As far as I know only this are two lowpass filters (R-C1, L-C2) of order 1 and 2 respectively. Is it possible to denote this circuit as Low-pass filter of third order? Or is it possible to transform this circuit into a standard RLC-filter form?
@Confused: Sorry - but I have to start with some general comments:
In principle, for an 8th order filter you have two basic alternatives:
(a) Direct realization (active topology derived from a passive and tabulated reference structure, and (b) Cascade realization as a series connection of 4 second-order stages.
I suppose, you are following the latter approach - and here you have again several alternatives (how the various 2nd order stages are realized). It seems that you have decided to use Sallen-Key realizations because you have mentioned finite gain values.
But also in this case, you again have alternatives: Unity gain approach, gain-of-two approach or equal-component approach (with gain values lower than "3"). Independent on these 3 alternatives, you must know that all 4 stages look different: They are individually designed for equal pole frequencies (applies only for Butterworth response) but for different pole-Q values to be found in filter tables. Hence, you will NOT have 4 identical 2nd-order stages but each of the 4 must bedesigned separately.
I am not sure if this answers all of your questions - perhaps it helps if you could give us some more detail of your envisaged design.
EDIT 1: The following link leads you to a document (from TI) which gives you the Q values for your 8th-order filter on page 8 (correction: page 9)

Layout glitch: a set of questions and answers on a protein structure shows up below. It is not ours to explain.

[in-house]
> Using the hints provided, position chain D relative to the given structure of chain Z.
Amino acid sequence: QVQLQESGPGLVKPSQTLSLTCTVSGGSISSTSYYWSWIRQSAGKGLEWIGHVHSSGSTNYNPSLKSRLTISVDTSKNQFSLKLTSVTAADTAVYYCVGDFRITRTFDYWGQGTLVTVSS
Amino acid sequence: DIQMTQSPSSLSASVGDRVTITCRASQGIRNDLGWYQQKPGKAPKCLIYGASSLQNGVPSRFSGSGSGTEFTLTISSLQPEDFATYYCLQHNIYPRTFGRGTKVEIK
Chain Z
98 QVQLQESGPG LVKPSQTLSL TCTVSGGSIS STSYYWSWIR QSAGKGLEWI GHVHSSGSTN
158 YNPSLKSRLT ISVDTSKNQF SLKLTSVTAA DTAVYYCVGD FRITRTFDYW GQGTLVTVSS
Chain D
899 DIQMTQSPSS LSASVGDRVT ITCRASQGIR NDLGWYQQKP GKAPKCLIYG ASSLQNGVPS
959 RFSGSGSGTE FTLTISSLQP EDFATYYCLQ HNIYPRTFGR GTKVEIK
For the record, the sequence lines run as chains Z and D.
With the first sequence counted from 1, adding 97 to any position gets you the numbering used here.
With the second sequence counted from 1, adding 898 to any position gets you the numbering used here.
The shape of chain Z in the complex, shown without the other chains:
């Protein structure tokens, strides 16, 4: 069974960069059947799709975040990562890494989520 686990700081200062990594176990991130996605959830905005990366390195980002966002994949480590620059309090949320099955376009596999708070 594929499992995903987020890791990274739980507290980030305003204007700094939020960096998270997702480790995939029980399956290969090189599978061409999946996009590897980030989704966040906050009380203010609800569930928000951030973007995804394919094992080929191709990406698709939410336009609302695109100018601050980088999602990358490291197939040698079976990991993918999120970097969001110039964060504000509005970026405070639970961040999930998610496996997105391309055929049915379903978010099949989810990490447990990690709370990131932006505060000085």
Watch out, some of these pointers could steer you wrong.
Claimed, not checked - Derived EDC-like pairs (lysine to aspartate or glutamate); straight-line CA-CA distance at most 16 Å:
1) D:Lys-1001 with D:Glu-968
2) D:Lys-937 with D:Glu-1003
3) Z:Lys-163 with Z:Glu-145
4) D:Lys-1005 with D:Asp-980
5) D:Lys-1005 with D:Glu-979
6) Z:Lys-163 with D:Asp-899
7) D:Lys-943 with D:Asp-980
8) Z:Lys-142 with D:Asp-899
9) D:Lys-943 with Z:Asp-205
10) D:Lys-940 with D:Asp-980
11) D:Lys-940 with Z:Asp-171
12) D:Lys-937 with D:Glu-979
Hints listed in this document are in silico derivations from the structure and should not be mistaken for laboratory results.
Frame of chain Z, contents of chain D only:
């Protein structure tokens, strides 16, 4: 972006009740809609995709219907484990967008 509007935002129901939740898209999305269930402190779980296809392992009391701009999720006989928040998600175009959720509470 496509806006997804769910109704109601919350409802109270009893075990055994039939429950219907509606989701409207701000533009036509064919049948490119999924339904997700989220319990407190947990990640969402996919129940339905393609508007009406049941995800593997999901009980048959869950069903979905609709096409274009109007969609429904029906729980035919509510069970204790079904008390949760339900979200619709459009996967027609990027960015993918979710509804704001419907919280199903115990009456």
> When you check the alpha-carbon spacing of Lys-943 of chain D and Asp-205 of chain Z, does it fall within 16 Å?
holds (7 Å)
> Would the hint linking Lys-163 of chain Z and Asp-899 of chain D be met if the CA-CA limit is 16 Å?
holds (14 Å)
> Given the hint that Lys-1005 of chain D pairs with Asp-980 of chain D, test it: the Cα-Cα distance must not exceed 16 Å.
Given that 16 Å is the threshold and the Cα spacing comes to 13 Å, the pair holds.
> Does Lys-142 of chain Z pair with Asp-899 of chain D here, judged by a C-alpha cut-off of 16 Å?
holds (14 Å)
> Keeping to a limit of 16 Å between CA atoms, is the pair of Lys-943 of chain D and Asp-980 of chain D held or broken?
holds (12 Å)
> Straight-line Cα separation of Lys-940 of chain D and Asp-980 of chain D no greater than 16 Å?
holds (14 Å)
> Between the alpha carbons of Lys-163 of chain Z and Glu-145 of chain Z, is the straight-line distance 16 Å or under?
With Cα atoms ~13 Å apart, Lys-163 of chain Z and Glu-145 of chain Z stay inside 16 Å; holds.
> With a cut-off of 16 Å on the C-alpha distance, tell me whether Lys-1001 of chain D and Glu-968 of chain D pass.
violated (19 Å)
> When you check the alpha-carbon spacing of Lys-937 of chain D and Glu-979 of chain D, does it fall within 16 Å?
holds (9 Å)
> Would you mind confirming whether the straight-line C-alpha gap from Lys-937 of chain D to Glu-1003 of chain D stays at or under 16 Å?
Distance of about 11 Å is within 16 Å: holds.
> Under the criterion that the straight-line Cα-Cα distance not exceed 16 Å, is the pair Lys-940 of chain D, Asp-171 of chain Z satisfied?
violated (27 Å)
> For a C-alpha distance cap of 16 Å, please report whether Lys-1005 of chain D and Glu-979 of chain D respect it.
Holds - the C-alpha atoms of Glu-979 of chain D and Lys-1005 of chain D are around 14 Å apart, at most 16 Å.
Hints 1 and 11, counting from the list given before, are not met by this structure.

EDIT 2: For your convenience, here are the formulas for designing the 4 stages (equal pole frequencies wp, different Qp values) - to be applied for the gain-of-two version:
C1=C2=C and wp=1/[C*Sqrt(R1R3)] and Qp=Sqrt(R1/R3) with R1: Most left resistor(connected to input signal). For a gain of "2" you can use any two equal resistors in the negative feedback path.
Your question has a simple answer, but allow me explain a few things that will help you understand how to design Direct Coupled filters.
1) Cohn described the four inverter circuits I show on the top row. These circuits contain negative component values which, as you pointed out, are absorbed into the tank elements.
It is clear however that a negative capacitor generates inductive reactance and a negative inductor generates capacitive reactance. So all of Cohn's inverters have an alternate equivalent that I show in the 2nd row, where the negative components are replaced with positive valued components, which can also be absorbed into the tank circuit.
2) These inverter circuits can be thought of as impedance matching circuits. As a simple example, if you are designing an inverter to go between 2 tanks with characteristic impedances of 100 and 200 Ohms, then a quarter wave transmission line with a characteristic impedance of sqrt(100*200) can be used as an inverter.
With this in mind, it is possible to generate many possible inverter topologies.
3) If the tank circuits on the ends have characteristic impedances equal to the source and load resistances respectively, then the two inverters on the ends are not needed. But this isn't usually the case. You can force this to happen, but it doesn't usually generate a desirable circuit in terms of component values and component Q requirements.
So, one possibility for the end inverters is to use one of the inverters shown in the 2nd row.
It is more common however, to use a 2 element matching circuit to get from the end tank impedance to the source (or load) impedance. These are designed with standard matching techniques, using either formulas or a Smith Chart.
4) You should remember that impedance inverters are equivalent circuits at the design frequency only. At all other frequencies they only approximate the desired response. Consequently, this design method can only be used for narrow band filters, and then, the overall response might not be what you were expecting, as shown below.
Since we usually want a narrow band response however, this design method is widely used by RF engineers and has proven to be quite powerful because of the large number of ways (some examples) the various tank, inverter, and matching topologies can be combined to form a desirable response.